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Why I Became a Radiologist

Why I Became a Radiologist

Today is the first International Day of Radiology, an initiative aimed at calling attention to radiology’s valuable contribution to patient care. The day, which marks the 117th anniversary of the discovery of the X-ray, is being organized by the ACR, ECR, and RSNA as a day of action and awareness. 

To recognize International Day of Radiology, we asked radiologists why they chose this specialty. The following are their responses. We welcome your insights in the comments section.

“I can’t for the life of me understand why everyone doesn’t want to be a radiologist.” 

I said it again yesterday. I’ve said it over and over for as many years as I can remember every time a new medical student or clinical resident comes on my service.

It got me to thinking about why I chose radiology on the first place. I was tremendously influenced by an energetic, dynamic attending when I did a third year clerkship at a crossroads in my career path choice. This specialty was exciting with requisite knowledge of all kinds of diseases in all kinds of patients of all ages.

These rads were the ultimate detectives figuring out what was wrong with people when others were challenged. They could actually see inside patients in a manner no others could. It was fun to come to work (or school) as a radiologist. I had never experienced that before and I wanted that feeling for the rest of my career.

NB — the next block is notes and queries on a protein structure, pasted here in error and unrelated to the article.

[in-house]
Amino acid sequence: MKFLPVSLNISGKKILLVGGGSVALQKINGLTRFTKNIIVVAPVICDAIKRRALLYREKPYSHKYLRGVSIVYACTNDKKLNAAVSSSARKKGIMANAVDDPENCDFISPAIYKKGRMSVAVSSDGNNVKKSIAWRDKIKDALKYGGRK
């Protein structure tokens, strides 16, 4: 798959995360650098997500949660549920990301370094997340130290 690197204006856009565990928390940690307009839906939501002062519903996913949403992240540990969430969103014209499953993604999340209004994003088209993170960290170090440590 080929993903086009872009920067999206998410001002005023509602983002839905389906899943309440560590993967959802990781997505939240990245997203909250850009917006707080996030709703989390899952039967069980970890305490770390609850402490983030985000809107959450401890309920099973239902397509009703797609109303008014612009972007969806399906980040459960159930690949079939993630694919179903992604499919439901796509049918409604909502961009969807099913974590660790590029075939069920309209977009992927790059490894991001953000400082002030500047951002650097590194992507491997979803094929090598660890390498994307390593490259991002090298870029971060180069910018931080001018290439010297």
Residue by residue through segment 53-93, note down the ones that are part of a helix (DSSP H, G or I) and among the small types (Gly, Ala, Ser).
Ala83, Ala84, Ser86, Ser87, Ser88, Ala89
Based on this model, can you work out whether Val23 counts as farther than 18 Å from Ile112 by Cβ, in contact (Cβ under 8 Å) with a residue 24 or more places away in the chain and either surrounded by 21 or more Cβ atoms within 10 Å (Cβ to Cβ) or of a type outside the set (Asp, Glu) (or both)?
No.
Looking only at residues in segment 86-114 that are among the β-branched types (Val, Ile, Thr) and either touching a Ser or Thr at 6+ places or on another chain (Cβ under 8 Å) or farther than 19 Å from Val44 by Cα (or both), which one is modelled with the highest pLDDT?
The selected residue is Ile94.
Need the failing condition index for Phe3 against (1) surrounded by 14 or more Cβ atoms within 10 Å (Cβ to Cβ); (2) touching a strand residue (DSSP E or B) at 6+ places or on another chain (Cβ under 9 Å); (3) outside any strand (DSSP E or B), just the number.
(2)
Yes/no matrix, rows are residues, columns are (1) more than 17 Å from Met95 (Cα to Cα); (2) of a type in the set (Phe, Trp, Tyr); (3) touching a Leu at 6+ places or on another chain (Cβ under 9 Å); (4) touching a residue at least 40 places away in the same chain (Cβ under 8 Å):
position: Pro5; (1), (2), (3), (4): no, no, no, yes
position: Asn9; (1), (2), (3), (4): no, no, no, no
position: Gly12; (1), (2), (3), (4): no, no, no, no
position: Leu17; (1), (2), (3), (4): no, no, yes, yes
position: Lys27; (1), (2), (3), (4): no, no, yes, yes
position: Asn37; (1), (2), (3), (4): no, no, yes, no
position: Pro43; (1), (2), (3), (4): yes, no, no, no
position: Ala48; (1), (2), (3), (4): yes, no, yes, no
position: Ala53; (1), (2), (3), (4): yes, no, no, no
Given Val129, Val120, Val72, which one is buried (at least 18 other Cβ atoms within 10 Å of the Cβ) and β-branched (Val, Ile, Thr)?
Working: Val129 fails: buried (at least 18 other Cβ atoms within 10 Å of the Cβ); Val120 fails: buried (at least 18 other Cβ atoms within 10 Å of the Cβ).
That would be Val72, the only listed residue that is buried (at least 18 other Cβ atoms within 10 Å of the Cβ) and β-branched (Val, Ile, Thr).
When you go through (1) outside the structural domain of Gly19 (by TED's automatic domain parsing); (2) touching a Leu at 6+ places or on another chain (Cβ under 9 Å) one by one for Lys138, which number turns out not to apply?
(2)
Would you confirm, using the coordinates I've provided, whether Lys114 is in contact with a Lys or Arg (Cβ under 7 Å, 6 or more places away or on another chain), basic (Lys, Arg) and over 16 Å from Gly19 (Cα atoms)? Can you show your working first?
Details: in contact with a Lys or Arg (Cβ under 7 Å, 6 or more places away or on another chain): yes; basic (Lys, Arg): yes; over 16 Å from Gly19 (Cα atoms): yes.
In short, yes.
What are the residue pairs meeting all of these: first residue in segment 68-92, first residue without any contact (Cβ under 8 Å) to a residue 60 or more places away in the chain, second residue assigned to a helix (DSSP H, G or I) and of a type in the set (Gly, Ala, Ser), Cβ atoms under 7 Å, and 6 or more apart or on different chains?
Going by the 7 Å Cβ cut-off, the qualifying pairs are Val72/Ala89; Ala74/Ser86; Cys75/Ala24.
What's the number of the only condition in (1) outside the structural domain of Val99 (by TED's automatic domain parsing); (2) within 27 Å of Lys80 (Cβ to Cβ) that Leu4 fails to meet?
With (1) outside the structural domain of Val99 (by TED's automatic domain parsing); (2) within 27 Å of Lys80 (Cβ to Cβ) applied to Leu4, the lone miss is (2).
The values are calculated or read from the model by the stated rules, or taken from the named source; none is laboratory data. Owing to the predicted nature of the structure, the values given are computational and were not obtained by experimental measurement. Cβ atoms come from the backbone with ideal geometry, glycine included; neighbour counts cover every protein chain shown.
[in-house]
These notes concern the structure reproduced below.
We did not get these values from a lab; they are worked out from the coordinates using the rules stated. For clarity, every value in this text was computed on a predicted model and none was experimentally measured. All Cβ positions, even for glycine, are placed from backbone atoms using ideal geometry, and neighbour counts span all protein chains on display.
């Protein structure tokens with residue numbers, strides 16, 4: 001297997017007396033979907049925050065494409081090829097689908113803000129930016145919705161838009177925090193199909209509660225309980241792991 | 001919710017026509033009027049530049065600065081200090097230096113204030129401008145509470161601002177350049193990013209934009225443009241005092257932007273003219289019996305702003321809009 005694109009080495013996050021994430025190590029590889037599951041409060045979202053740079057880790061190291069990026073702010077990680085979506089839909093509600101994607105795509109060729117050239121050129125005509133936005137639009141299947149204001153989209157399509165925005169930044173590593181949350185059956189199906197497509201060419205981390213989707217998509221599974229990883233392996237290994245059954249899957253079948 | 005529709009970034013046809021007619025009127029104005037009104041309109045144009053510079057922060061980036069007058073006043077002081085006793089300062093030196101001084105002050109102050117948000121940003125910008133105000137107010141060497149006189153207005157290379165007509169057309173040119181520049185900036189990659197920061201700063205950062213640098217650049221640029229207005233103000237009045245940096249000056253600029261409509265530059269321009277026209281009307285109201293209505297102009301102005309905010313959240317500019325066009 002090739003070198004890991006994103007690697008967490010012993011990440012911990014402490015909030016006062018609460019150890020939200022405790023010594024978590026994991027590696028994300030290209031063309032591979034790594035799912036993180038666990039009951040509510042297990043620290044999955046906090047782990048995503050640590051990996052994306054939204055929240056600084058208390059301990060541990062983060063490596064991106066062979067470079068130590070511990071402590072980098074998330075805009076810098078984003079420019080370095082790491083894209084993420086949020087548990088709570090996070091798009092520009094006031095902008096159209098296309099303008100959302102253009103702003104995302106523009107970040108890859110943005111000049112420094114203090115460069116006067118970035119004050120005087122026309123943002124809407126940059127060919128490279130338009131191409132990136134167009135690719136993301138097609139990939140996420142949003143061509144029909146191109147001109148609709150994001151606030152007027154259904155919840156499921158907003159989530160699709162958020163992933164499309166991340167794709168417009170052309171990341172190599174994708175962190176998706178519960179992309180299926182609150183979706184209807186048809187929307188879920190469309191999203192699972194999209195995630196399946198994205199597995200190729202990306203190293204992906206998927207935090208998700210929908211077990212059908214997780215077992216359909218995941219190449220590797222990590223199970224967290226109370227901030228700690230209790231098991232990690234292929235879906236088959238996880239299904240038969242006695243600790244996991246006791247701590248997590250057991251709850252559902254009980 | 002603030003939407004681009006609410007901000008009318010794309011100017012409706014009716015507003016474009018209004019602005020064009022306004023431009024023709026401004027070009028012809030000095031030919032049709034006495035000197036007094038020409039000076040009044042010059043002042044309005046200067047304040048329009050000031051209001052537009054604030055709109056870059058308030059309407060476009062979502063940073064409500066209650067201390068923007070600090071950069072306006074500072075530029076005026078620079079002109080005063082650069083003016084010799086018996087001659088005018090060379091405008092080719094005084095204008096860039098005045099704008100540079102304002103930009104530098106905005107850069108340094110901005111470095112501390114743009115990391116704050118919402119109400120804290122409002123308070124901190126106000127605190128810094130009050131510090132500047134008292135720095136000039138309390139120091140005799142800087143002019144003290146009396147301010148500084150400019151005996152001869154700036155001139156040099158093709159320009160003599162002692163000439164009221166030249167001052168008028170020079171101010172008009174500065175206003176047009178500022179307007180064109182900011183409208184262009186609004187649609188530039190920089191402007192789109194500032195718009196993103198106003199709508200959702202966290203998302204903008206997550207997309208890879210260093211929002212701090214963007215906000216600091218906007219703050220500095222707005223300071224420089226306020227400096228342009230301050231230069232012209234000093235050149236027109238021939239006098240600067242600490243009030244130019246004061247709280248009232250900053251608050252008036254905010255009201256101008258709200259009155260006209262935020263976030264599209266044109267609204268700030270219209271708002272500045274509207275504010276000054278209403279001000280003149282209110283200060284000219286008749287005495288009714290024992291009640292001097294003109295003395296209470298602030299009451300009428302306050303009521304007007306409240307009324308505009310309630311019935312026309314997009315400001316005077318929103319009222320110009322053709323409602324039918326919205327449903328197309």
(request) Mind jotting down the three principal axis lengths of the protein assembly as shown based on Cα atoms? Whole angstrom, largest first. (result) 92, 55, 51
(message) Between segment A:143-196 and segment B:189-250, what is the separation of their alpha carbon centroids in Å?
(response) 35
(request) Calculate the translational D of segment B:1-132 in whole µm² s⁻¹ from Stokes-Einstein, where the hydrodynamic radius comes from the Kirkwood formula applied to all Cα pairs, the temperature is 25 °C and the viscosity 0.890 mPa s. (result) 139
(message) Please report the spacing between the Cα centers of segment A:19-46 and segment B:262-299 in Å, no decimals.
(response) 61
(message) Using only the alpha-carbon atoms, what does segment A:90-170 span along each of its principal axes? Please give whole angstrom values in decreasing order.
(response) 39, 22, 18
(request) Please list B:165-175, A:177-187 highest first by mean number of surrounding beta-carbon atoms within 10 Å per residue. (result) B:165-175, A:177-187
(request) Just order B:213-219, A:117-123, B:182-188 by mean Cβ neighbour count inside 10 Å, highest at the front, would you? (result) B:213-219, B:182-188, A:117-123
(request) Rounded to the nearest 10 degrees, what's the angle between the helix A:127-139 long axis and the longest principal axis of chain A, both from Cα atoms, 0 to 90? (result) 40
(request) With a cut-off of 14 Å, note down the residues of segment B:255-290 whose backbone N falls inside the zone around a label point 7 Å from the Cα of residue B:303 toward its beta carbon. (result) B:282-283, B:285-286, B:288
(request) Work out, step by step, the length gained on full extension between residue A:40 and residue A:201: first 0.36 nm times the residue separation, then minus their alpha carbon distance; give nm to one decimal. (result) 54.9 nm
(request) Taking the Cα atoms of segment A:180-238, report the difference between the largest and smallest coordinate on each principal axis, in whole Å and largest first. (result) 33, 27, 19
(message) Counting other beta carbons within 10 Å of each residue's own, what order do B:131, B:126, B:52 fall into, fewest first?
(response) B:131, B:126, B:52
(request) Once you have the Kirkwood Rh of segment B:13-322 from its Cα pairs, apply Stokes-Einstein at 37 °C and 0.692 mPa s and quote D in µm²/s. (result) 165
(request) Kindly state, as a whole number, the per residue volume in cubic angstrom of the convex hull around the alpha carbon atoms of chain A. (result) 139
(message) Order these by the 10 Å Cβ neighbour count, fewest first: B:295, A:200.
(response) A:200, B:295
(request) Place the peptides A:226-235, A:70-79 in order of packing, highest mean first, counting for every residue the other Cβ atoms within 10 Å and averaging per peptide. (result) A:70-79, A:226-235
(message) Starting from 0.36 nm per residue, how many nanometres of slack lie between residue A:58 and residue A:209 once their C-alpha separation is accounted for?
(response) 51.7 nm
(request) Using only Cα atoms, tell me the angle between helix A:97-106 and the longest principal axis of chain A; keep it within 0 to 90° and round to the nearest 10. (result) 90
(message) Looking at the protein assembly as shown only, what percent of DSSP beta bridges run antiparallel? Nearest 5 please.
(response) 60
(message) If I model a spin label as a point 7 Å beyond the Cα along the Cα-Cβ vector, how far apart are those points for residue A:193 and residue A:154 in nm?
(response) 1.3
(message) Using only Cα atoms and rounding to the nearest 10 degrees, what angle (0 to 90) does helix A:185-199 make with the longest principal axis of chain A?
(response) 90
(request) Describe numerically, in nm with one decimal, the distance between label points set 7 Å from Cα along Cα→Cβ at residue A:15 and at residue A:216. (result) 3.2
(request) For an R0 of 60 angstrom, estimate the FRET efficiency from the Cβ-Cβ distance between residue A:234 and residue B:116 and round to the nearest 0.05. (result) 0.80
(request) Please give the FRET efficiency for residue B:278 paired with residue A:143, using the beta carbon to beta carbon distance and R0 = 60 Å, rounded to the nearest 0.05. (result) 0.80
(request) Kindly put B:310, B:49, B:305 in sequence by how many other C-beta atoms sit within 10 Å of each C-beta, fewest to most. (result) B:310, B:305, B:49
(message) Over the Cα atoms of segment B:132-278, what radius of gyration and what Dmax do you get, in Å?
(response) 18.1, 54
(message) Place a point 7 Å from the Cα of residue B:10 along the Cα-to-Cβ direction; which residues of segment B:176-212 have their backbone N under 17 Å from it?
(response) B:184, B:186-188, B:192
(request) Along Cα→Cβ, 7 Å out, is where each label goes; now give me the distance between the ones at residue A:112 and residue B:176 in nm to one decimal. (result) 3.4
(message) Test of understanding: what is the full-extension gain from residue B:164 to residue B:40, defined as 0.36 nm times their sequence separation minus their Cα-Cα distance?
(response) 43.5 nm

Now it’s all about staying a radiologist. My gosh, could any specialty be any better? I think not! We have the most dynamic specialty there is. We experience patients on a cyberspace level unlike any other. We interact with colleagues in the most cerebral, intellectually stimulating way possible. We get to tell them what is wrong (or right) with their patients without having to deal with the challenges posed by directly caring for those same patients, so that we can go on and solve other issues for other physicians, and so on.

I still for the life of cannot understand why everyone doesn’t want to be a radiologist, but boy am I glad they don’t.

— Ken Keller, MD, FACR, medical director of the Department of Radiology at Trinity Health in Minot, ND


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